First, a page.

The highlight of Austin’s WVU career came, unfortunately, when he was absolutely brilliant in a loss. Austin ran for a school-record 334 yards and two touchdowns and caught four passes for 82 yards in the Mountaineers 50-49 loss to Oklahoma in 2012.

Austin was the eighth-overall pick by the St. Louis Rams in the 2013 NFL Draft.

2. Geno Smith (Football, 2009-12)
Smith is the most prolific passer in WVU history. The Miami native holds the record for most career passing yards (11,662), single season passing yards (4,385), career passing touchdowns (98) single season passing touchdowns (42), single game passing yards (656) and single game passing touchdowns (8).

Smith was good as a sophomore in 2010 in Bill Stewart’s last season as coach, throwing for 2,763 yards and 24 touchdowns. But he exploded in Holgorsen’s spread attack.

Smith threw for more than 4,000 yards in both seasons in Holgersen’s offense. Smith’s career was highlighted by his 656 yards and eight touchdowns performance in WVU’s first-ever Big 12 game, a ridiculous 70-63 home victory over Baylor.

Like Grier, Smith’s senior season was statistically successful but not so from a win-loss perspective.

After a junior season that saw WVU win the Big East and rout Clemson in the Orange Bowl, big things were expected of Smith and the Mountaineers as they were set to begin their inaugural season in the Big 12 in 2012.

Things started well enough for Smith and the Mountaineers as they opened the season 5-0 and were ranked No. 5 in the nation. Then the wheels fell off. WVU lost six of its last eight games, including a lackluster effort in a 38-14 loss to Syracuse in the Pinstripe Bowl.

But the senior season swoon doesn’t change the fact that West Virginia has never seen a quarterback approach the statistical milestones Smith accomplished.

Smith was drafted in the second round of the 2013 NFL Draft by the NY Jets.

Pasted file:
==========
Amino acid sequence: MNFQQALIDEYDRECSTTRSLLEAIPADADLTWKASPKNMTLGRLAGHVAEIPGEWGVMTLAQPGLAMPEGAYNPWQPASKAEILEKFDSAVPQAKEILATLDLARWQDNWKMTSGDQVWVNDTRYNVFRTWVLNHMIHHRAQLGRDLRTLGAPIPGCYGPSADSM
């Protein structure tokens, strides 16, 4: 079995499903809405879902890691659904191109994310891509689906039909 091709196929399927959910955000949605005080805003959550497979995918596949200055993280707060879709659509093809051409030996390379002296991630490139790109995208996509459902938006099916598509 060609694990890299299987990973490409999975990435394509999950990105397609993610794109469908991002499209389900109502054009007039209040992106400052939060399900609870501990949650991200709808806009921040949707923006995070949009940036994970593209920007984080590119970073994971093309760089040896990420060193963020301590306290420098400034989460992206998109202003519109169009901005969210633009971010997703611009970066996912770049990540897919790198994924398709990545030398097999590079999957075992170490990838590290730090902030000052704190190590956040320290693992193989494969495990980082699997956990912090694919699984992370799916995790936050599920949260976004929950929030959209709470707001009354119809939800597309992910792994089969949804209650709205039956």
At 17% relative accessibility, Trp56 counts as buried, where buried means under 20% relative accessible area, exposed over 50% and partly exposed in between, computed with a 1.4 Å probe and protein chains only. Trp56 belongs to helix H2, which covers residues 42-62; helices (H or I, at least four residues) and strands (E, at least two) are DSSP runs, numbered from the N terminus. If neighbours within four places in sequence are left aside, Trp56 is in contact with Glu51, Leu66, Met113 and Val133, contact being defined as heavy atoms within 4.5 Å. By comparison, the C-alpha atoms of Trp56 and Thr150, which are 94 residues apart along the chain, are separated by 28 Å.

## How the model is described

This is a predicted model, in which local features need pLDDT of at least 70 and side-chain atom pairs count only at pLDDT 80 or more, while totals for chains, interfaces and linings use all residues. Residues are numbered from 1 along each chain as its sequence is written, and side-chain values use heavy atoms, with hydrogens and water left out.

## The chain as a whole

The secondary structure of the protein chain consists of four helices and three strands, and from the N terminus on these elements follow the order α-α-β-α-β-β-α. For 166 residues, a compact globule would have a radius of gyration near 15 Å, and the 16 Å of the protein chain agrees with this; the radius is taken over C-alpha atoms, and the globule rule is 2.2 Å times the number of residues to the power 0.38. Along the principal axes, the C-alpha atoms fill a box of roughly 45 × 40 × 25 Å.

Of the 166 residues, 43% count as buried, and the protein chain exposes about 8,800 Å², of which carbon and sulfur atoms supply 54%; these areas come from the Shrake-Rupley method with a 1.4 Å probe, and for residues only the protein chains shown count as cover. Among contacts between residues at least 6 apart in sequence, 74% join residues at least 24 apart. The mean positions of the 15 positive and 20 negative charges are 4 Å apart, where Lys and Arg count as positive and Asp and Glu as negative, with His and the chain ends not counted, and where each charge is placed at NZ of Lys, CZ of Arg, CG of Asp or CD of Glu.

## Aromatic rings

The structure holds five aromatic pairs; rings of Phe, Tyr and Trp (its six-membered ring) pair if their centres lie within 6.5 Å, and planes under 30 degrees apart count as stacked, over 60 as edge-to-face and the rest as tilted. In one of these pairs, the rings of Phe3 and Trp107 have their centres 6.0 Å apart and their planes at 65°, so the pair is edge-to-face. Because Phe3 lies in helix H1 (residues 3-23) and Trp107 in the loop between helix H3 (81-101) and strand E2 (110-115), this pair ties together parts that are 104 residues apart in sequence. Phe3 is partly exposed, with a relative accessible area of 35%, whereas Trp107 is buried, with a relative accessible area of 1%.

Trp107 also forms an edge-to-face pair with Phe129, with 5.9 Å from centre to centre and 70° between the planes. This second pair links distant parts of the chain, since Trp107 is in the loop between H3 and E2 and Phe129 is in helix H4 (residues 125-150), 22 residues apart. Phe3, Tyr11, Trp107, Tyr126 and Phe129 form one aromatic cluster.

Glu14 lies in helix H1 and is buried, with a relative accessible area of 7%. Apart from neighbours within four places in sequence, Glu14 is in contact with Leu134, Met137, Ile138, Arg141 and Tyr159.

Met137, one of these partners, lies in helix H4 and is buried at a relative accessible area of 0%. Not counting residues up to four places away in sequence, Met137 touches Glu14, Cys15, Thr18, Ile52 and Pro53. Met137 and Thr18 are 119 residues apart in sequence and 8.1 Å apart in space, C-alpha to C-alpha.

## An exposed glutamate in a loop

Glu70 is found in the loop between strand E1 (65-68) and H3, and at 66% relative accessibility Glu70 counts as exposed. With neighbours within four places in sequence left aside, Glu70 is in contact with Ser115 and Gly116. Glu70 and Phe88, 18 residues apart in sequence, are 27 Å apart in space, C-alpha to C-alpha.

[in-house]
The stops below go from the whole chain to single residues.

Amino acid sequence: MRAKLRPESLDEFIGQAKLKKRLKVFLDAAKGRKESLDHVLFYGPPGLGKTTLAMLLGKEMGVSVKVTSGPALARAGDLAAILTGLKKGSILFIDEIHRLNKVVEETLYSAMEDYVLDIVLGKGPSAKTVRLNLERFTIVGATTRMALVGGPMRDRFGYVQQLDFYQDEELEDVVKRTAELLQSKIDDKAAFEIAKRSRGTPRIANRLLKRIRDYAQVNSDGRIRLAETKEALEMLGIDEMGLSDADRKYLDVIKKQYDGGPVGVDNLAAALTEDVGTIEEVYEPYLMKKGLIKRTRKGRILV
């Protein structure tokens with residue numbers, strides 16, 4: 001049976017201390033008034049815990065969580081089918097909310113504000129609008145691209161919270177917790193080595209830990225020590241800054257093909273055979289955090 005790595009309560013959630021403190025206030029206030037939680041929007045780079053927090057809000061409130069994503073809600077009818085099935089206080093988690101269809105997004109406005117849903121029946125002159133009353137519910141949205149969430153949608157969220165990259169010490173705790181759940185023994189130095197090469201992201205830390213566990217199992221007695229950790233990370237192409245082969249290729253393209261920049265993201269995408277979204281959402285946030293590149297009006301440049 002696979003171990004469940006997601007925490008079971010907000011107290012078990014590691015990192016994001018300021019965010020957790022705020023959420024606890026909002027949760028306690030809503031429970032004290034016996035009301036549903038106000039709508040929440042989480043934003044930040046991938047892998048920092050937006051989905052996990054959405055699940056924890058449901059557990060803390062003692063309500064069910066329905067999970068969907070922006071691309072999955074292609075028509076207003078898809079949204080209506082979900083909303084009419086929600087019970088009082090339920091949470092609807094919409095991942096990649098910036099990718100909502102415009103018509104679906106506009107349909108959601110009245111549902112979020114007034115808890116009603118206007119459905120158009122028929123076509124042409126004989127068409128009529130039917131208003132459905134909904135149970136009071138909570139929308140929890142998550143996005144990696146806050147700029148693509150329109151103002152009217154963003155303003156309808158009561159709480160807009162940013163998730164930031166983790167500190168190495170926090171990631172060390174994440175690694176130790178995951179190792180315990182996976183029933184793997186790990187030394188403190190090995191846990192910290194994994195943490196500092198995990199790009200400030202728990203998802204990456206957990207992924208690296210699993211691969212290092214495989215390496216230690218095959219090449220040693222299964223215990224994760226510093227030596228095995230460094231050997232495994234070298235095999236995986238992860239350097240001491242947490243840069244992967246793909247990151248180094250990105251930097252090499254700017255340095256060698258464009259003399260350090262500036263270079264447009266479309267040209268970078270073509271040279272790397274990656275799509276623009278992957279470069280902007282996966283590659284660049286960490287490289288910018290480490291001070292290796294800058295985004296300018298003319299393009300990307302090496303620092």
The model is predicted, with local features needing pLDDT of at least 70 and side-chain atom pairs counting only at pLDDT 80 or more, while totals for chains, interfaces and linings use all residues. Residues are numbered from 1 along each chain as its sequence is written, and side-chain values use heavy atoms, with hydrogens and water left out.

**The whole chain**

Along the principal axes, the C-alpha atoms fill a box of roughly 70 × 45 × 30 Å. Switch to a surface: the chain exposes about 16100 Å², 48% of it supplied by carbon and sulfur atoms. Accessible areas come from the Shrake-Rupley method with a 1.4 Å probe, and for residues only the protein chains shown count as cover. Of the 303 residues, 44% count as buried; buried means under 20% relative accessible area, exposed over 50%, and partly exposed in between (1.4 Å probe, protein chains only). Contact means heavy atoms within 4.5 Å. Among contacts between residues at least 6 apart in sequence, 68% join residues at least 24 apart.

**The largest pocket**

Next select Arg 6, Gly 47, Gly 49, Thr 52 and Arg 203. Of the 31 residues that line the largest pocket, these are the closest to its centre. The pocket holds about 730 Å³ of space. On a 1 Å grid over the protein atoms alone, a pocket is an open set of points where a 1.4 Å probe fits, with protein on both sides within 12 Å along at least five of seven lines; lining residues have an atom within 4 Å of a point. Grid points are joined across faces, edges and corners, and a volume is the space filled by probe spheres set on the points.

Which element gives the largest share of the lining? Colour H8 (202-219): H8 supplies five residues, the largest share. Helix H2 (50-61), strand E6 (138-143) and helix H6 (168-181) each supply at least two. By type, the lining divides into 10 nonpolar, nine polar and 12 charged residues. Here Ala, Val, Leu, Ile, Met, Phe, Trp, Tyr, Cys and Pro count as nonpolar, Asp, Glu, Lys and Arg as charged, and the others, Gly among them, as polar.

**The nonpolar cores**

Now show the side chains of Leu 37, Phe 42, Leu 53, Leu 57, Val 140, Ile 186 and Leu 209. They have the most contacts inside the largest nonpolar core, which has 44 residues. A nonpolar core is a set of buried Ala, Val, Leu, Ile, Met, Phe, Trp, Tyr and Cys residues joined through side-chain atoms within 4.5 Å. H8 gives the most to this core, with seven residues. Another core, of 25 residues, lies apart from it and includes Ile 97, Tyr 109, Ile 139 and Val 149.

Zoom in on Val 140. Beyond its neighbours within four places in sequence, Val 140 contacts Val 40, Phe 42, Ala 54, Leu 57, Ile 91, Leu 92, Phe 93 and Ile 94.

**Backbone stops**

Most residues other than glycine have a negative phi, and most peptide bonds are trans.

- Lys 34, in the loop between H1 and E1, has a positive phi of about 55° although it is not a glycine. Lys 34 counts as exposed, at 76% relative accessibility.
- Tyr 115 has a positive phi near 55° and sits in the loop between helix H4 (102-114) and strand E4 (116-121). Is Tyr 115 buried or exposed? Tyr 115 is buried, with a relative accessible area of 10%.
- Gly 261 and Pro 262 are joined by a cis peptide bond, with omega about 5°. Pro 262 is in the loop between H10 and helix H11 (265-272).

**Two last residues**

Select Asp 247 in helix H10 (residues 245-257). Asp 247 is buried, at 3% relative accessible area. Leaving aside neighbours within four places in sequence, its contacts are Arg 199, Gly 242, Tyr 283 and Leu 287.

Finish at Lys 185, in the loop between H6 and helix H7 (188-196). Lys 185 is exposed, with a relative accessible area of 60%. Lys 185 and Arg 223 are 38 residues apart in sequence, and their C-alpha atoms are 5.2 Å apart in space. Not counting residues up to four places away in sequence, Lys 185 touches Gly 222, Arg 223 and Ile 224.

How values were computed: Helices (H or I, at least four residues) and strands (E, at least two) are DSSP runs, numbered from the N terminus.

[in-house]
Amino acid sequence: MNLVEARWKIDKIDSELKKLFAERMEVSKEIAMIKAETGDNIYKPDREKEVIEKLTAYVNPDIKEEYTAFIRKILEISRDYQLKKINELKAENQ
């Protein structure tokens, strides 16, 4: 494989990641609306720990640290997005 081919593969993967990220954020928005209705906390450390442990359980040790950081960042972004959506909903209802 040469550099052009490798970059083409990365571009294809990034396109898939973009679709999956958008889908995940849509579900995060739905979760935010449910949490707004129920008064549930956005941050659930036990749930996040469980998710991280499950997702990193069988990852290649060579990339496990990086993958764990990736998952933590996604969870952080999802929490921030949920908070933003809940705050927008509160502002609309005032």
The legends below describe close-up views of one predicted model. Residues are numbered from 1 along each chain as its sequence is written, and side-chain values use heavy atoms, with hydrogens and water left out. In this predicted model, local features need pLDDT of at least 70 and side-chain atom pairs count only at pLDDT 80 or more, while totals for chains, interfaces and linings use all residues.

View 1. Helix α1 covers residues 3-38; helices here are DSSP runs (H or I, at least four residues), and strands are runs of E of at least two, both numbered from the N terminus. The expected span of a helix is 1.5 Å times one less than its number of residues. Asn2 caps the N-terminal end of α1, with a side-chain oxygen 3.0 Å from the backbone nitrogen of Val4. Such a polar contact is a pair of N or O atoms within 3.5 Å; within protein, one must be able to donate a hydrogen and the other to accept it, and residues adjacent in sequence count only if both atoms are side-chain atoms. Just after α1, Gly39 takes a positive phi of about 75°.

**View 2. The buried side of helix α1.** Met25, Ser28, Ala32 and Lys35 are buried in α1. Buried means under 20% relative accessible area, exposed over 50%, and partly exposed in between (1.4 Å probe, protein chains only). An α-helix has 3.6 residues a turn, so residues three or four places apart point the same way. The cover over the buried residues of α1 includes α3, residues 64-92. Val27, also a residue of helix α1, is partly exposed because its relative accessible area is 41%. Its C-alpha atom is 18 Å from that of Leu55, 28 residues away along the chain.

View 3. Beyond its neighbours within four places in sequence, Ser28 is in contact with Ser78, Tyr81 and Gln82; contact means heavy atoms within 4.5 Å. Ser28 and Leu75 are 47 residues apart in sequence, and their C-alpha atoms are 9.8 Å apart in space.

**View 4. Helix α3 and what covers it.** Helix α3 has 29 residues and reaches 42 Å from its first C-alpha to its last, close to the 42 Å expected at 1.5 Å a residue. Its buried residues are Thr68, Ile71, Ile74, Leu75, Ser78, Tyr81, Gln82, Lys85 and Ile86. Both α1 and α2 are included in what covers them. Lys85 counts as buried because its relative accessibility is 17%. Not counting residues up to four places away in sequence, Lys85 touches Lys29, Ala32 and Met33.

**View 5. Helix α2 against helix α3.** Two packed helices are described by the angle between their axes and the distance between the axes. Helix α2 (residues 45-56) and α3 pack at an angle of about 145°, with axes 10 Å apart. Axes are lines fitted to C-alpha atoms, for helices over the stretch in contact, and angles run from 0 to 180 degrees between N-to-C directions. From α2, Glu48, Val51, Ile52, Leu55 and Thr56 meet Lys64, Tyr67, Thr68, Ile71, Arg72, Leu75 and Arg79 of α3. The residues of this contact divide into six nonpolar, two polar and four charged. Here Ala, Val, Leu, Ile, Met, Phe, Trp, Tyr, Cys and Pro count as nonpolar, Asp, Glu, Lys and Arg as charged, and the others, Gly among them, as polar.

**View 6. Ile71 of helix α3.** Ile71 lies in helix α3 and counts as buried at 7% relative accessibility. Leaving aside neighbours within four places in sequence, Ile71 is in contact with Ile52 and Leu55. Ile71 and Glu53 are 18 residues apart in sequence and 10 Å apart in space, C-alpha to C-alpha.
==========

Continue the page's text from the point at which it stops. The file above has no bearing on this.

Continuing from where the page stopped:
1. Jevon Carter (Basketball, 2014-2018)

No player epitomized his team, coach, school and state more than Carter. It took little time for the Mountain State to adopt the Illinois native as its own.

Carter was a lightly recruited guard out of Maywood, Ill., in 2014 despite playing for high school basketball powerhouse Proviso East. Huggins was the only Power 5 coach to give Carter an offer.

WVU fans will be eternally grateful he did.

As a freshman, Carter arrived to a West Virginia program that had fallen off. After reaching the NCAA Tournament in five straight seasons to start Huggins WVU tenure, the Mountaineers missed the Big Dance back to back years prior to Carter’s arrival.

That changed beginning with Carter’s freshman season.

Led by Carter’s defensive intensity, Huggins instituted “Press Virginia,” a full-court, 40 minute trapping press that forced turnovers and made teams extremely uncomfortable.

West Virginia won 25 or more games in each of Carter’s four seasons, made the NCAA Tournament each year and advanced to the Sweet 16 three times
Carter was the unquestioned leader of the team, on and off the court. Carter was twice named national Defensive Player of the Year. As a senior, he averaged 17.3 points and three steals a game.

If WVU makes the NCAA Tournament this season, it will be the first time in eight years that a Mountaineers team has qualified without Carter.
Carter was drafted by the Memphis Grizzlies in the second round of the 2018 NBA Draft.

Honorable mention: Stedman Bailey (Football, 2010-12); Daxter Miles (Basketball, 2014-18); Kevin Jones (Basketball, 2008-12); Kevin White (Football, 2013-14); Bruce Irvin (Football, 2010-11)